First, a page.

# Do there exist uniform triangular prisms with all vertices in $\mathbb Z^3$?

It's quite easy to find a regular square prism (cube) or a regular triangular antiprism (octahedron) with vertices in $$\mathbb Z^3$$. Take for instance, take the convex hulls \begin{align*} &\operatorname{hull}(\{(0,0,0),(0,0,1),(0,1,0),(0,1,1),(1,0,0),(1,0,1),(1,1,0),(1,1,1)\}), \text{ and} \\ &\operatorname{hull}(\{(0,0,1),(0,1,0),(1,0,0),(0,0,-1),(0,-1,0),(-1,0,0)\}) \end{align*} respectively.

For a much more interesting example of embedding the cube, see Table 1 from Ionascu and Obando: $$\operatorname{hull}(\{(0, 3, 2), (1, 1, 4), (2, 2, 0), (2, 5, 3), (3, 0, 2), (3, 3, 5), (4,4, 1), (5, 2, 3)\}).$$

### Question

Do there exist uniform triangular prisms with all vertices in $$\mathbb Z^3$$ (equivalently $$\mathbb Q^3$$)? If not, can it be done in $$\mathbb Z^4$$, $$\mathbb Z^5$$, etc?

(I've checked all examples in $$\mathbb Z^3$$ where the triangular faces have side lengths up to $$\sqrt{700}$$. This did not produce any examples, but there are plenty of near-misses.)

• I hesitate to write an answer again (because it seems rocky and ugly, so I might wait a little longer to try to tidy it up), but you can be sure that there isn't such thing in $\mathbb{Z}^3$, I've checked. This time correctly :D Feb 25, 2021 at 22:17
• I instantly thought of this: \begin{align} & (1,0,0),\quad(0,1,0),\quad(0,0,1) \\ {} \\ & (2,1,1), \quad (1,2,1), \quad (1,1,2) & & \phantom{mmmmmmmmmmmmmmmmmmmmmmmmmm} \end{align} But of course that doesn't work. $\qquad$ Feb 26, 2021 at 1:18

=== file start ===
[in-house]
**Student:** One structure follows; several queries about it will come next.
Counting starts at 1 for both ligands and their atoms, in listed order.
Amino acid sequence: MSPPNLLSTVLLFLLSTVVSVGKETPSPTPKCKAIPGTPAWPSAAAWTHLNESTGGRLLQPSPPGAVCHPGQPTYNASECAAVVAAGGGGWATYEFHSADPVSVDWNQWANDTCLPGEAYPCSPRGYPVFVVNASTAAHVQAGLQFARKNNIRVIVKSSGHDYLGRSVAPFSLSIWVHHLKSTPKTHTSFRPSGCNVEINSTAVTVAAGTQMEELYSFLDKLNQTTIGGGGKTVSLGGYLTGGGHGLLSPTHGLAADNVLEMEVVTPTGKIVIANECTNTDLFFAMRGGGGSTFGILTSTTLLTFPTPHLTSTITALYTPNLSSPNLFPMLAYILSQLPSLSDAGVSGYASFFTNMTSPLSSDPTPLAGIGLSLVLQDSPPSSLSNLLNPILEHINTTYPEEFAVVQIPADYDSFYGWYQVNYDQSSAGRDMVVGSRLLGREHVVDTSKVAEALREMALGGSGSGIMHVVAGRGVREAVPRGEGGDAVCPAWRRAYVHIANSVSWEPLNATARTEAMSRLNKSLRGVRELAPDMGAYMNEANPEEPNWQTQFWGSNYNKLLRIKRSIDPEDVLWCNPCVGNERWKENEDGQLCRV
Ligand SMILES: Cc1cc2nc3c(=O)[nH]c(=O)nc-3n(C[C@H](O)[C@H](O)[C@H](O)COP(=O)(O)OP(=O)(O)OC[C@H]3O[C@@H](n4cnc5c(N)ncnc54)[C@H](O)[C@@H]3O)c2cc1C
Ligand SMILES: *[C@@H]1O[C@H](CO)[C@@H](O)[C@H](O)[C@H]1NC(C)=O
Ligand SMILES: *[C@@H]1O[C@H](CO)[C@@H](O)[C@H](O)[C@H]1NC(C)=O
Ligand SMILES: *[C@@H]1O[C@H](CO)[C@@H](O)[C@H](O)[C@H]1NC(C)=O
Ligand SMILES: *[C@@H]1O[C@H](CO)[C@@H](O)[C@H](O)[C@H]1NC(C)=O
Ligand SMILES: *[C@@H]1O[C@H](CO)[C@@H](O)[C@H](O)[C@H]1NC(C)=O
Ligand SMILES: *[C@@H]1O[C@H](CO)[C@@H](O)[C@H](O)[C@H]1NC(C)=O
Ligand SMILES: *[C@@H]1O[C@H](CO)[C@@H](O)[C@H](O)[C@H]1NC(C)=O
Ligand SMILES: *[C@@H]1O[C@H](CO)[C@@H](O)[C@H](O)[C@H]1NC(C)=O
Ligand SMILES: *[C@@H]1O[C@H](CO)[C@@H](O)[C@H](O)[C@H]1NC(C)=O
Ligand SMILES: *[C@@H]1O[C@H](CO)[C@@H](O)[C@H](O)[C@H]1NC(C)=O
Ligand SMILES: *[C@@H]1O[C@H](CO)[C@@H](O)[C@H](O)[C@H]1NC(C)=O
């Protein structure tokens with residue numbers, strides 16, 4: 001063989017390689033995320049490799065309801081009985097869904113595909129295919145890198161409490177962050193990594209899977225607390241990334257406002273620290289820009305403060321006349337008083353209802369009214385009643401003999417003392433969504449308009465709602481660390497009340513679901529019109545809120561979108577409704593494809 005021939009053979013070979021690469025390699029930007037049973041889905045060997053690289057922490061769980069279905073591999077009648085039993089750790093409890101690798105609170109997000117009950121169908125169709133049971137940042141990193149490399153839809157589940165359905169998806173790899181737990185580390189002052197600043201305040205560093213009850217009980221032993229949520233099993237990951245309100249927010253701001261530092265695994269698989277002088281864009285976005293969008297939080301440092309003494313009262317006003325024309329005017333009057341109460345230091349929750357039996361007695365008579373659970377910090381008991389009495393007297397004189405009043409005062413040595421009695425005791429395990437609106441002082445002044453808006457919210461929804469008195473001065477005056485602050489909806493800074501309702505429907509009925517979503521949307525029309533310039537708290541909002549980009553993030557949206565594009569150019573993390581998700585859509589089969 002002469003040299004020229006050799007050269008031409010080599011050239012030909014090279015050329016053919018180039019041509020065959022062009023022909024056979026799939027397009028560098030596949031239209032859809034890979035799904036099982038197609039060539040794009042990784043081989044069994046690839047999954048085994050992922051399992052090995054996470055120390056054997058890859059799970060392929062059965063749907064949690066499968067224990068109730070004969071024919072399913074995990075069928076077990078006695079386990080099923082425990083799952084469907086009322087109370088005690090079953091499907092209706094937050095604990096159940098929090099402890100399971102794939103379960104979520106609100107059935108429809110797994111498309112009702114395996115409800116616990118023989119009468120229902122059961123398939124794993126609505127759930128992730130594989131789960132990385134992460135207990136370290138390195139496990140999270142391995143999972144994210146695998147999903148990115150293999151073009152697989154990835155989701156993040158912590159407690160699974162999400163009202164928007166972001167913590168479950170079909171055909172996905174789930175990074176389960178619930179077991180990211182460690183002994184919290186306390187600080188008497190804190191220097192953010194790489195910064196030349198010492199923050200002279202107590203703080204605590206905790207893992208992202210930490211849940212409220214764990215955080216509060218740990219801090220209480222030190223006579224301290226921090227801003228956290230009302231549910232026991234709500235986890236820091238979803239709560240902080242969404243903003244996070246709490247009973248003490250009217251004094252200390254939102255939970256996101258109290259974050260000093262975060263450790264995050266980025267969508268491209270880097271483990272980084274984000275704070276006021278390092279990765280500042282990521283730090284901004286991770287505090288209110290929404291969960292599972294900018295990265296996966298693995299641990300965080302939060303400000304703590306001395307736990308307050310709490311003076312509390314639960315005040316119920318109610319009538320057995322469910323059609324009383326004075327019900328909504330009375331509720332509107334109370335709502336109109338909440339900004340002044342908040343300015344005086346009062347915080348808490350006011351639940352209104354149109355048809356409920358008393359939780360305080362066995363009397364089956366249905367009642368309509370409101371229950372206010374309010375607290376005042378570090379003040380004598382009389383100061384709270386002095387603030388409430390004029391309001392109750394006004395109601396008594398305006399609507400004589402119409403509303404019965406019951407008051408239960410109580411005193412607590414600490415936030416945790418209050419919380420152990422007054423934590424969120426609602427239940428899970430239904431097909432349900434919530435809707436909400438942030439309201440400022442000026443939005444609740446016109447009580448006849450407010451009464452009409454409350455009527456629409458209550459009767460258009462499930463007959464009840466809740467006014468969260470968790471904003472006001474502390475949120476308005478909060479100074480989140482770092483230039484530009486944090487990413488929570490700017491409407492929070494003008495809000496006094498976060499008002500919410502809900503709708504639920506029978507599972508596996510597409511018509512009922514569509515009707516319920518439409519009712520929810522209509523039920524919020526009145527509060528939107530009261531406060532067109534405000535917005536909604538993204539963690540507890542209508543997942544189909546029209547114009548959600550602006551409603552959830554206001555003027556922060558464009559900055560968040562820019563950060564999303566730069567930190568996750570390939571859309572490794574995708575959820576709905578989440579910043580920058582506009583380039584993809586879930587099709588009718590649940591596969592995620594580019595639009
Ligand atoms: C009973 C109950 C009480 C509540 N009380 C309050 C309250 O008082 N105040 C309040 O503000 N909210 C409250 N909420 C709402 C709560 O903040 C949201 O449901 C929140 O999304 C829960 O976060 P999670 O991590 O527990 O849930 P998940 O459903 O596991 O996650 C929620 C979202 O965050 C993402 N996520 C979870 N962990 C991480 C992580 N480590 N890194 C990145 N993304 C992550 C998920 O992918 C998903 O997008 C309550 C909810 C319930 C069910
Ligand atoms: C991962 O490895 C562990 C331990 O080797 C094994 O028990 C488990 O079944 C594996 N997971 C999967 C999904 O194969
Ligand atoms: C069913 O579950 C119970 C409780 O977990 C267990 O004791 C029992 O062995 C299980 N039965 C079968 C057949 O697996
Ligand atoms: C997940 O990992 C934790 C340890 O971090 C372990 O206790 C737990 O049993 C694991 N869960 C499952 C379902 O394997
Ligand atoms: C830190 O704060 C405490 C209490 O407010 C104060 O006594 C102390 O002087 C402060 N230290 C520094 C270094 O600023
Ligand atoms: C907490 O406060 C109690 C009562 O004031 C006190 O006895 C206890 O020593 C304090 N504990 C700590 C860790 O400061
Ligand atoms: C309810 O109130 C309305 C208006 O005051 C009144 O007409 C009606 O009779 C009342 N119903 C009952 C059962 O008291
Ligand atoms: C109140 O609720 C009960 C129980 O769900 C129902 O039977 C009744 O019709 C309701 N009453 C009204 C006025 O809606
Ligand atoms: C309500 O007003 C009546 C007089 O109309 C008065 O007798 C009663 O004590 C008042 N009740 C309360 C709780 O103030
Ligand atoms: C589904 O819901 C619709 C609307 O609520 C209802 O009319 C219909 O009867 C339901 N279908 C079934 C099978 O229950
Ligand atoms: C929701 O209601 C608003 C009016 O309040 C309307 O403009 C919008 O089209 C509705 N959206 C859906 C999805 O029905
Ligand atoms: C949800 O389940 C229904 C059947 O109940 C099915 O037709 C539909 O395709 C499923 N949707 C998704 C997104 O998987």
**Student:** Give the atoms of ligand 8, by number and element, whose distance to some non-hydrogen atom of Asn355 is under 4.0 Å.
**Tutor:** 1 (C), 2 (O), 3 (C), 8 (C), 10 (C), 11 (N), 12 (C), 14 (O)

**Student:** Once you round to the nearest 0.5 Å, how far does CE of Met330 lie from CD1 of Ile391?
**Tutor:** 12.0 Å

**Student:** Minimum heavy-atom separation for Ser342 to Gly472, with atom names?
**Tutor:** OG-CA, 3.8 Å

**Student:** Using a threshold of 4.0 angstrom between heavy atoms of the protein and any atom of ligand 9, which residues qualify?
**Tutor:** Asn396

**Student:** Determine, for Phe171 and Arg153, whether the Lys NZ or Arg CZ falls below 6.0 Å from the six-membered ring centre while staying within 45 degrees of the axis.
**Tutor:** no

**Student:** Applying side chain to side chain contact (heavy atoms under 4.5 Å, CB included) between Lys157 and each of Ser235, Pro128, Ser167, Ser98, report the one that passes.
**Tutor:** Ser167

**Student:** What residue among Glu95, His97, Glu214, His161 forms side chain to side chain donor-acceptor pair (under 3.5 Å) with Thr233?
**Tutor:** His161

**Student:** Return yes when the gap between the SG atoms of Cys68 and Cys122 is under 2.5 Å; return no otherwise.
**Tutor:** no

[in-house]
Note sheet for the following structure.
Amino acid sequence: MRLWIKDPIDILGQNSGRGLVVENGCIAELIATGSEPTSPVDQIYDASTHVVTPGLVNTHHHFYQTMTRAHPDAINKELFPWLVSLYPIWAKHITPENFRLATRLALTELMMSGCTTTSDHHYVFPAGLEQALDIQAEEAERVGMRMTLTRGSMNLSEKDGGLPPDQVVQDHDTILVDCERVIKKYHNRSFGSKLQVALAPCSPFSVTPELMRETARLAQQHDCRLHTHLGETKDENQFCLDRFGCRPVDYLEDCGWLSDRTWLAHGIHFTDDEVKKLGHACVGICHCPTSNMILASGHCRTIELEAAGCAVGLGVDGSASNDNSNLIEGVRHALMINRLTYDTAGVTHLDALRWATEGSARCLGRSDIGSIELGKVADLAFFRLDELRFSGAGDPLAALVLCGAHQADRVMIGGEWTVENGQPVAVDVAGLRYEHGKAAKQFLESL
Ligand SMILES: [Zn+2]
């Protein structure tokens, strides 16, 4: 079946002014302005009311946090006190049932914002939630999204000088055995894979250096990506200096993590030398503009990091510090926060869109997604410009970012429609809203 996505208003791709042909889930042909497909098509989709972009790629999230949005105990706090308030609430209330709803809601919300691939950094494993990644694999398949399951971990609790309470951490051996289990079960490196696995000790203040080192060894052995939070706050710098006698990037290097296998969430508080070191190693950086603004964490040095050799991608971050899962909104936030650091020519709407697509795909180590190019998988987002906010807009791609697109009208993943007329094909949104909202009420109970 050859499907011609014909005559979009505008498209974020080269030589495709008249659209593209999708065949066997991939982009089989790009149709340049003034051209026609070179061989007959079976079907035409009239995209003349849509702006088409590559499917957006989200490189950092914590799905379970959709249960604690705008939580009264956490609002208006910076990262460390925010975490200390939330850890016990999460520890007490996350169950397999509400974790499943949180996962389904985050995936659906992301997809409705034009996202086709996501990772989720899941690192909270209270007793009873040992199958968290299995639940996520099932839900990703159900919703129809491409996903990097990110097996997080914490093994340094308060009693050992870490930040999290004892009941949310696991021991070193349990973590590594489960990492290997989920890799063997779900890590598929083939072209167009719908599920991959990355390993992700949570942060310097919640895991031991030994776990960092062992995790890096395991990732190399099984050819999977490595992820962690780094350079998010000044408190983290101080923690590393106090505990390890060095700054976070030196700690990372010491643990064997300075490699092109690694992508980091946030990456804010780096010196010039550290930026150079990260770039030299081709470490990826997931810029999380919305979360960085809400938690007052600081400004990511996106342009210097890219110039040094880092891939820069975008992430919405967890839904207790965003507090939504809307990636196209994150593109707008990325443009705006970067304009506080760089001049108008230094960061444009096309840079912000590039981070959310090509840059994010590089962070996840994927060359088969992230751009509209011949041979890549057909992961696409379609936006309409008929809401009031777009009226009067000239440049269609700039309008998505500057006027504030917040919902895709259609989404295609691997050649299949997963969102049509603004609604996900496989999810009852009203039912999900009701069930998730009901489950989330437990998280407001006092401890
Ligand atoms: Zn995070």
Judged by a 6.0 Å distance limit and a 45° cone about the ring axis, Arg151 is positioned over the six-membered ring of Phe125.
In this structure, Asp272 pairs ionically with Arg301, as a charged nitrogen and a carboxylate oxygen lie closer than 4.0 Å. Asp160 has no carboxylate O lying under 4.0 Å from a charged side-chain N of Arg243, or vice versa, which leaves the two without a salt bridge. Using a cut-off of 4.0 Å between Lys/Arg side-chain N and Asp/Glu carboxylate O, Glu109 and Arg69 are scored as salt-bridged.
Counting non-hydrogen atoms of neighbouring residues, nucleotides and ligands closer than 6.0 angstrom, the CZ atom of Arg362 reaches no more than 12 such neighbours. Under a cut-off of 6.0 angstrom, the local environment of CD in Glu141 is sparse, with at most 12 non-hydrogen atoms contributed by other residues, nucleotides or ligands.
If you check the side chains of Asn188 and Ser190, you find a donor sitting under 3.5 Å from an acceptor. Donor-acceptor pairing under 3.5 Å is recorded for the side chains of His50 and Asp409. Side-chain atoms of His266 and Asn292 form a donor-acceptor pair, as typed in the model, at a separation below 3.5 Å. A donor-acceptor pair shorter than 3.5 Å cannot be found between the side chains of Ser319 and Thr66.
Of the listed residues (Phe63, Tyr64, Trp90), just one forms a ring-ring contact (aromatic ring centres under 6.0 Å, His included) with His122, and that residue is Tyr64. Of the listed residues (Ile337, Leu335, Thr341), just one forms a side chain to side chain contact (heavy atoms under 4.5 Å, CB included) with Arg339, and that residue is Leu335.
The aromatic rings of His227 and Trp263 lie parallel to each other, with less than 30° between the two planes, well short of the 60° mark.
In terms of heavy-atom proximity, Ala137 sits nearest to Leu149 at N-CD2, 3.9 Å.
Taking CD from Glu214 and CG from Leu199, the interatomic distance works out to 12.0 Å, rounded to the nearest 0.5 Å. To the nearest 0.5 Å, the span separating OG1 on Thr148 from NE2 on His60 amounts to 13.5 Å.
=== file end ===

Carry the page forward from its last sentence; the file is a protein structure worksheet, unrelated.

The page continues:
• That this is possible in sufficiently large dimension follows more generally from the answers to this question. Mar 2, 2021 at 16:28
• @M.Winter: I think it actually does work - the post relies on a rational squared distance, which is true of the distance between any two points in $\mathbb{Q}^n$, so things should be OK. Mar 2, 2021 at 19:41
• @M.Winter I found a proof of course. I will write an answer as soon as I get to a computer. Mar 6, 2021 at 15:55

Suppose that there exists a triangular prism in $$\mathbb{Z}^3$$ of side length $$s$$. From a given vertex $$V$$, let $$a$$ and $$b$$ be the vectors on the triangular face containing $$V$$ and $$c$$ the vector from $$V$$ to its pair on the other triangular face. Note that $$a,b$$, and $$c$$ are all of length $$s$$.

Now, consider the integer vector $$a\times b$$; since $$a$$ and $$b$$ are $$60^\circ$$ apart, it has length $$s^2\cdot\frac{\sqrt{3}}2$$. Up to a change of sign, this vector is parallel to $$c$$, so $$c$$ is a rational multiple of $$a\times b$$ (since both lie in $$\mathbb{Z}^3$$). Thus, $$s$$ and $$\frac{s^2\sqrt{3}}2$$ differ by a rational factor, so we conclude that $$s$$ is a rational multiple of $$\sqrt{3}$$.

This means that we can scale the prism so that its side length is an integer multiple of $$\sqrt{3}$$. Then scale it by a further factor of $$2$$, so that the midpoints of each edge also have integer coordinates. Let $$k\sqrt{3}$$ be the integer distance from a vertex to a midpoint of an edge.

But now consider the integer vector from the midpoint of a non-triangle edge to a non-adjacent vertex: it has length $$(k\sqrt{3})\cdot \sqrt{5}$$.

So, the squared distance $$15k^2$$ between these two integer points is the sum of three squares. Note that $$k^2$$ is of the form $$4^n(8a+1)$$, so $$15k^2$$ is of the form $$4^n(8b+7)$$. But, by Legendre's three-square theorem, such integers are not expressible as the sum of three squares! So no such prism exists.

There do exist triangular prisms in $$\mathbb{Z}^5$$: Take the first three coordinates to be any permutation of $$(0,0,1)$$, and the last two to be either $$(0,0)$$ or $$(1,1)$$. This gives a triangular prism of side length $$\sqrt{2}$$.

I'm not sure yet about $$\mathbb{Z}^4$$ - my guess is no, but checking some small examples seems worthwhile.

• Your example for $\mathbb{Z}^5$ is very nice Feb 25, 2021 at 22:47